Azure Monitor is Microsoft's collection of features and services for end to end management and monitoring of Azure services and resources. Within this lesson we will look at the different sources and types of monitoring data, as well as what we can do with the information. Important Note: this is an overview lesson to help demonstrate the different components of Azure Monitor. Microsoft have taken a range of services (which were once separate) and placed them within "Azure Monitor". This is an ongoing change by Microsoft, and so somethings can be quite complicated/messy. If you are following along, you may find some things (such as Log Analytics) are not yet setup. We will configure this in later videos within this section.
Activity Log provides us with the ability to review different operations and activities occurring across our subscription. Within this lesson we will look at the different types and sources of information visible within the Activity Log, and specifically some examples for a storage account.
Alerts and Action Groups
Within Azure Monitor is the ability to monitor for different conditions and alert when the criteria is met. In this lesson we will confiugre an alert end-to-end, and then look at how to manage alerts which have been triggered.
Log Analytics is a service within Azure Monitor which enables us to store and query a range of different log data. In this lesson we will look at the functionality of Log Analytics, and get started with the creation of our first Log Analytics workspace.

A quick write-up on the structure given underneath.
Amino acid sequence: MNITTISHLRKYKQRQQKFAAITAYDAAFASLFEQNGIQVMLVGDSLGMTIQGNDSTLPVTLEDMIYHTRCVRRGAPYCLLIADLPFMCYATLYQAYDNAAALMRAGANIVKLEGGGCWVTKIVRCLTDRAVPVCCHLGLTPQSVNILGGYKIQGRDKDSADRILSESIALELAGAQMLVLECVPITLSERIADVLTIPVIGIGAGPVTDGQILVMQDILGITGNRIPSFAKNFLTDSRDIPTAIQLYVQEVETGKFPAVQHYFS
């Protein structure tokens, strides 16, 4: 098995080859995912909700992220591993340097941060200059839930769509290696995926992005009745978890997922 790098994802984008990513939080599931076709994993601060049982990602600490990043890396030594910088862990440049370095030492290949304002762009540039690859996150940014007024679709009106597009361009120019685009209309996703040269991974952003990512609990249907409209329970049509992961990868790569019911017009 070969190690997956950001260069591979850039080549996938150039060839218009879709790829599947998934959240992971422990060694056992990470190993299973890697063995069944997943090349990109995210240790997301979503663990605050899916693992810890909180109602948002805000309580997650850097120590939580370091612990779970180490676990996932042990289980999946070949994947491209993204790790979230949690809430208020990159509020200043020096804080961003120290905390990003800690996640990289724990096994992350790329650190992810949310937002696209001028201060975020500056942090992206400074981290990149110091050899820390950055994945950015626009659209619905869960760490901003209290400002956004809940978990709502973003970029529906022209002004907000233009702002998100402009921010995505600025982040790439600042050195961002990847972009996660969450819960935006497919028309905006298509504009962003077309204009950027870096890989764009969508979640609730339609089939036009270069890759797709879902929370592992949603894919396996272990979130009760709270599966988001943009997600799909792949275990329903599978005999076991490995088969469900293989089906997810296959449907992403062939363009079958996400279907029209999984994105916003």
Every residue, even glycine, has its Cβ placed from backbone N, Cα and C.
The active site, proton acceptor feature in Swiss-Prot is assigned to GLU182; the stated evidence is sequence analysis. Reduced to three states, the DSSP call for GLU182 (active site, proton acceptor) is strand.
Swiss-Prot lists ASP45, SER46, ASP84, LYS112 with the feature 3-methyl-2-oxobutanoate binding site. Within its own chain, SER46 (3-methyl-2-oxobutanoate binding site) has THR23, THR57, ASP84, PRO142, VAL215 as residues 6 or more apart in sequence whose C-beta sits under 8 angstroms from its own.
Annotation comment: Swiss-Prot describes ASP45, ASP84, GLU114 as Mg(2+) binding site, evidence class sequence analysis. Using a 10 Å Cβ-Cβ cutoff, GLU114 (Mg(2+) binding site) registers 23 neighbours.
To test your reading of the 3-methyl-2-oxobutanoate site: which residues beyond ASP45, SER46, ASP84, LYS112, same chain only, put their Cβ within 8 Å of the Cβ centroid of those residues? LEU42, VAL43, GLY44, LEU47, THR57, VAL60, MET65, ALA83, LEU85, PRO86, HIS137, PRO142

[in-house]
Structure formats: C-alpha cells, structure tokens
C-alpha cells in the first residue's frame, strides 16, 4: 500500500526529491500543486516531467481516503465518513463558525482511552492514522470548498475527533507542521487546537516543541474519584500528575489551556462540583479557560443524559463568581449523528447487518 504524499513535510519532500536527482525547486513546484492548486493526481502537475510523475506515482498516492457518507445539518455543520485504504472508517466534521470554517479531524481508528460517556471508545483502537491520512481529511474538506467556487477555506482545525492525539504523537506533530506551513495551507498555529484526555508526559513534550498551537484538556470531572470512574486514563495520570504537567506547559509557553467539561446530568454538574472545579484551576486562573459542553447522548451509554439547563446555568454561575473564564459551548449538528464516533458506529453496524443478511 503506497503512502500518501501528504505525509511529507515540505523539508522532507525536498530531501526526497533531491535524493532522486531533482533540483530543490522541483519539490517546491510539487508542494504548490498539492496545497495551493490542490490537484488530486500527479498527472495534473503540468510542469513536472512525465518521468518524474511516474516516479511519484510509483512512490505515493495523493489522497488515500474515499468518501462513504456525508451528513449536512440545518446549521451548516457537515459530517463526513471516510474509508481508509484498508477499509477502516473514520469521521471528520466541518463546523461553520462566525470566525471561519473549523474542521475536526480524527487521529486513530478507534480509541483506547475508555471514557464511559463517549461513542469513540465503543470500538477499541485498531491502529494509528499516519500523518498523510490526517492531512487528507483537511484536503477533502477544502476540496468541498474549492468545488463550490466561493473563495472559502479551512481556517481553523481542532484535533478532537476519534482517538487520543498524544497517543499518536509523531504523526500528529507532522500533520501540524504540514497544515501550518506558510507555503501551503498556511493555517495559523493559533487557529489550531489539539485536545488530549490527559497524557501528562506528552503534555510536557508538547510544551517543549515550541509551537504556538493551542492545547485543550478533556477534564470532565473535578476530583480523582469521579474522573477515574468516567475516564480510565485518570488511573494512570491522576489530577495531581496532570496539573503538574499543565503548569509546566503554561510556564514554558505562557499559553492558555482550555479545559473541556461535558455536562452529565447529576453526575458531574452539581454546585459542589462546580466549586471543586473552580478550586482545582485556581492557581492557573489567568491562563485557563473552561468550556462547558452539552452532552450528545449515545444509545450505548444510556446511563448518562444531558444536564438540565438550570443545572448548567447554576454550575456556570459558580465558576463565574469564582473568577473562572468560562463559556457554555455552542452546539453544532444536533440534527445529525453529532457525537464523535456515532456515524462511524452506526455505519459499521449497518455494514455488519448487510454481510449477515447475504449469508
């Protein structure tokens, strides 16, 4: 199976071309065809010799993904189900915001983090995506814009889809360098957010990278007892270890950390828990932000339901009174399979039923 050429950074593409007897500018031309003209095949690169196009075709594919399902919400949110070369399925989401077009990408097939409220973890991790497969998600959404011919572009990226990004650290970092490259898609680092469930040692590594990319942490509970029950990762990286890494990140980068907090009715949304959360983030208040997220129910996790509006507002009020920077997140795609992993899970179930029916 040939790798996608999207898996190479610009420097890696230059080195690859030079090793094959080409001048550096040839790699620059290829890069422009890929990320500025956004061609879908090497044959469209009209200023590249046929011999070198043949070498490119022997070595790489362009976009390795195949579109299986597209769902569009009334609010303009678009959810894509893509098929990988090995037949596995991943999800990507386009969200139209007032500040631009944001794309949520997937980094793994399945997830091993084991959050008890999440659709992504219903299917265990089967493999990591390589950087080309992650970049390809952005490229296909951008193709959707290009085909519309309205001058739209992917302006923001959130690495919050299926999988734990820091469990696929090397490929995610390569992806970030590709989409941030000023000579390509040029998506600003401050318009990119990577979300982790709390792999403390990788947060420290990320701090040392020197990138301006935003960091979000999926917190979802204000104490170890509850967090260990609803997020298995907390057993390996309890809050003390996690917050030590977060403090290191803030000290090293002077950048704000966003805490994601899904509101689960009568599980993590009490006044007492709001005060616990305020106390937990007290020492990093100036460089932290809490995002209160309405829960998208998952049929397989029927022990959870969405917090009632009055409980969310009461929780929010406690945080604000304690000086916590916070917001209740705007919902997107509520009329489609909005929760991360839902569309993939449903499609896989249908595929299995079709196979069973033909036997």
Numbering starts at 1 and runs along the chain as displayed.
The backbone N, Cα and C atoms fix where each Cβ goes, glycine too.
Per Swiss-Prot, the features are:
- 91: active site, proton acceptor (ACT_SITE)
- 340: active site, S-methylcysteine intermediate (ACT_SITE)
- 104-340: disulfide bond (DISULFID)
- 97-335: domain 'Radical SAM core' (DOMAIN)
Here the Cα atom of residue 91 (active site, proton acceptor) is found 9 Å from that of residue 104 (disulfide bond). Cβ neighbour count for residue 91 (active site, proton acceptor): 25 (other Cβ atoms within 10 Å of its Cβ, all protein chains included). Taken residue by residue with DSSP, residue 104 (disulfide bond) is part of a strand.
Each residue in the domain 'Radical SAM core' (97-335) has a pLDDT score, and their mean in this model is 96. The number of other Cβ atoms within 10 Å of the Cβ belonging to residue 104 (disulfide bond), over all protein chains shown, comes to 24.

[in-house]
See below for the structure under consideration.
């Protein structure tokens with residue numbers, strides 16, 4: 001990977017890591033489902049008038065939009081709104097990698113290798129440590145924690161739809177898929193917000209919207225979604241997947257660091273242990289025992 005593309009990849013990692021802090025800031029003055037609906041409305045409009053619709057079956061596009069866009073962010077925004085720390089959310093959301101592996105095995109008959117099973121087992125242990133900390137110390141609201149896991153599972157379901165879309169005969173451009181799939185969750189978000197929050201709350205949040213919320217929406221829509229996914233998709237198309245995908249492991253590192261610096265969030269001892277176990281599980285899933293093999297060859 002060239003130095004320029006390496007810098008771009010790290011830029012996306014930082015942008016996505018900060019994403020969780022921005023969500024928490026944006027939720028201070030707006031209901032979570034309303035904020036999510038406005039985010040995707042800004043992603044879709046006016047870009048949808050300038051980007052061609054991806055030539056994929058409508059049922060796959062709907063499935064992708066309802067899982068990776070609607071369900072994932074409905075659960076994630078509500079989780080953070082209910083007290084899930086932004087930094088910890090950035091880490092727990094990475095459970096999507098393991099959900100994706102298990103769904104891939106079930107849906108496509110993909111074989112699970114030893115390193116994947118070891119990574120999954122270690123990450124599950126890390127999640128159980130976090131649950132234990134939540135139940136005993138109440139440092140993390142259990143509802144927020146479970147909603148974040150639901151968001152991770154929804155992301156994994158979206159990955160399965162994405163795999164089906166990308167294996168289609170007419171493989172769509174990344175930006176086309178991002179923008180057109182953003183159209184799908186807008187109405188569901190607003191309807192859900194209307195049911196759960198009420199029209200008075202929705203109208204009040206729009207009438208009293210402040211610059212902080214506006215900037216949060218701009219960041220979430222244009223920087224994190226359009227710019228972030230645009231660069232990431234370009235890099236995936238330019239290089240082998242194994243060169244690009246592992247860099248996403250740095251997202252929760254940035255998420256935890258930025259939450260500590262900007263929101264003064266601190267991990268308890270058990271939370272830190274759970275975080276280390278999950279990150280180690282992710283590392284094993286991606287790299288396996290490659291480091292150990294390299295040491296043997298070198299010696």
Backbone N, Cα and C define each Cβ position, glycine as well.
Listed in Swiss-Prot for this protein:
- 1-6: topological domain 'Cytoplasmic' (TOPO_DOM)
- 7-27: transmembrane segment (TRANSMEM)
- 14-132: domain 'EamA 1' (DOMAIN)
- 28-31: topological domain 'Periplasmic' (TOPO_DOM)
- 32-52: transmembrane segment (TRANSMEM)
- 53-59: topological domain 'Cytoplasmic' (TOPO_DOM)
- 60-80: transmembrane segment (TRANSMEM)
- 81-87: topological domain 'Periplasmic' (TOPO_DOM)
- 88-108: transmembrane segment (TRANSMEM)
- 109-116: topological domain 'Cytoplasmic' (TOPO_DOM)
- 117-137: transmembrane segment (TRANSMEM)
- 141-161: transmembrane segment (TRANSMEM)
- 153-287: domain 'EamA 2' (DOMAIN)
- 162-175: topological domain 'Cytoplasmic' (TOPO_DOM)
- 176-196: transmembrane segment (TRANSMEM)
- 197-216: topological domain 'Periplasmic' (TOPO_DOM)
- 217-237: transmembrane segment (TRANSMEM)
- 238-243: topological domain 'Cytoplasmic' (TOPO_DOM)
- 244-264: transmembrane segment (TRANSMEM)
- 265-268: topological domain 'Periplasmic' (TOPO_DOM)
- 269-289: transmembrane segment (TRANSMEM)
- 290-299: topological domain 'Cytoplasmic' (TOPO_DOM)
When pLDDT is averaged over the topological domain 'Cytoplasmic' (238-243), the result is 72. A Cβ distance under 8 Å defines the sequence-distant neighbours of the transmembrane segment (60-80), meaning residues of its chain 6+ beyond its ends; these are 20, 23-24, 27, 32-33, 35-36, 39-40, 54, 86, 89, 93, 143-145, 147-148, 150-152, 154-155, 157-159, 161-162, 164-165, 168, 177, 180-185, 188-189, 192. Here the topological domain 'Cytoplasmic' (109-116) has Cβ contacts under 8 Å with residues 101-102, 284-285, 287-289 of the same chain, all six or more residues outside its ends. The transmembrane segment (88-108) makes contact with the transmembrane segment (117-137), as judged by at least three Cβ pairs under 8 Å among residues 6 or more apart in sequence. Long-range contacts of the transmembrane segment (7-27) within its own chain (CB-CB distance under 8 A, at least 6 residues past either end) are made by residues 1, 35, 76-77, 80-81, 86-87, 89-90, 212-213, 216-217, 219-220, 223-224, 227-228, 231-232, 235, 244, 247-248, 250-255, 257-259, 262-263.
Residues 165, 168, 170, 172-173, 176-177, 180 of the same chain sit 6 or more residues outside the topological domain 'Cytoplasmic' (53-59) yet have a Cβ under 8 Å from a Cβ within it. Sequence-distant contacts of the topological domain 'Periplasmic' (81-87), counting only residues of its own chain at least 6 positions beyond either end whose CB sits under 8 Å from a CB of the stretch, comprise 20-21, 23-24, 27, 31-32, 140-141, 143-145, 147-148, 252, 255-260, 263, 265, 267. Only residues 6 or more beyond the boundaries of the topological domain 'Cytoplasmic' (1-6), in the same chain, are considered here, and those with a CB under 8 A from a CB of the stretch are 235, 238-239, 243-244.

Following on from the previous lesson on Log Analytics, in this lesson we will take a look at how to perform queries on log data. Specifically we will consider the log query language, the schema of log data stored in our workspace, and how to save queries as a function for later re-use. Queries used in this lesson: AzureActivity | limit 50AzureActivity | where OperationName == "Regenerate Storage Account Keys"AzureActivity | where Caller == "email@example.com"
Managing costs is an important part of every solution architect's job. In this lesson we look at three tips for managing costs. Azure Pricing Calculator - providing cost estimates and pricing information for resourcesCost Analysis within the Azure Portal - providing detailed information on the cost of resources running in your subscriptionAzure Advisor - providing recommendations on how to optimize spend, specifically tailored to your subscription
Advanced and Automated Infrastructure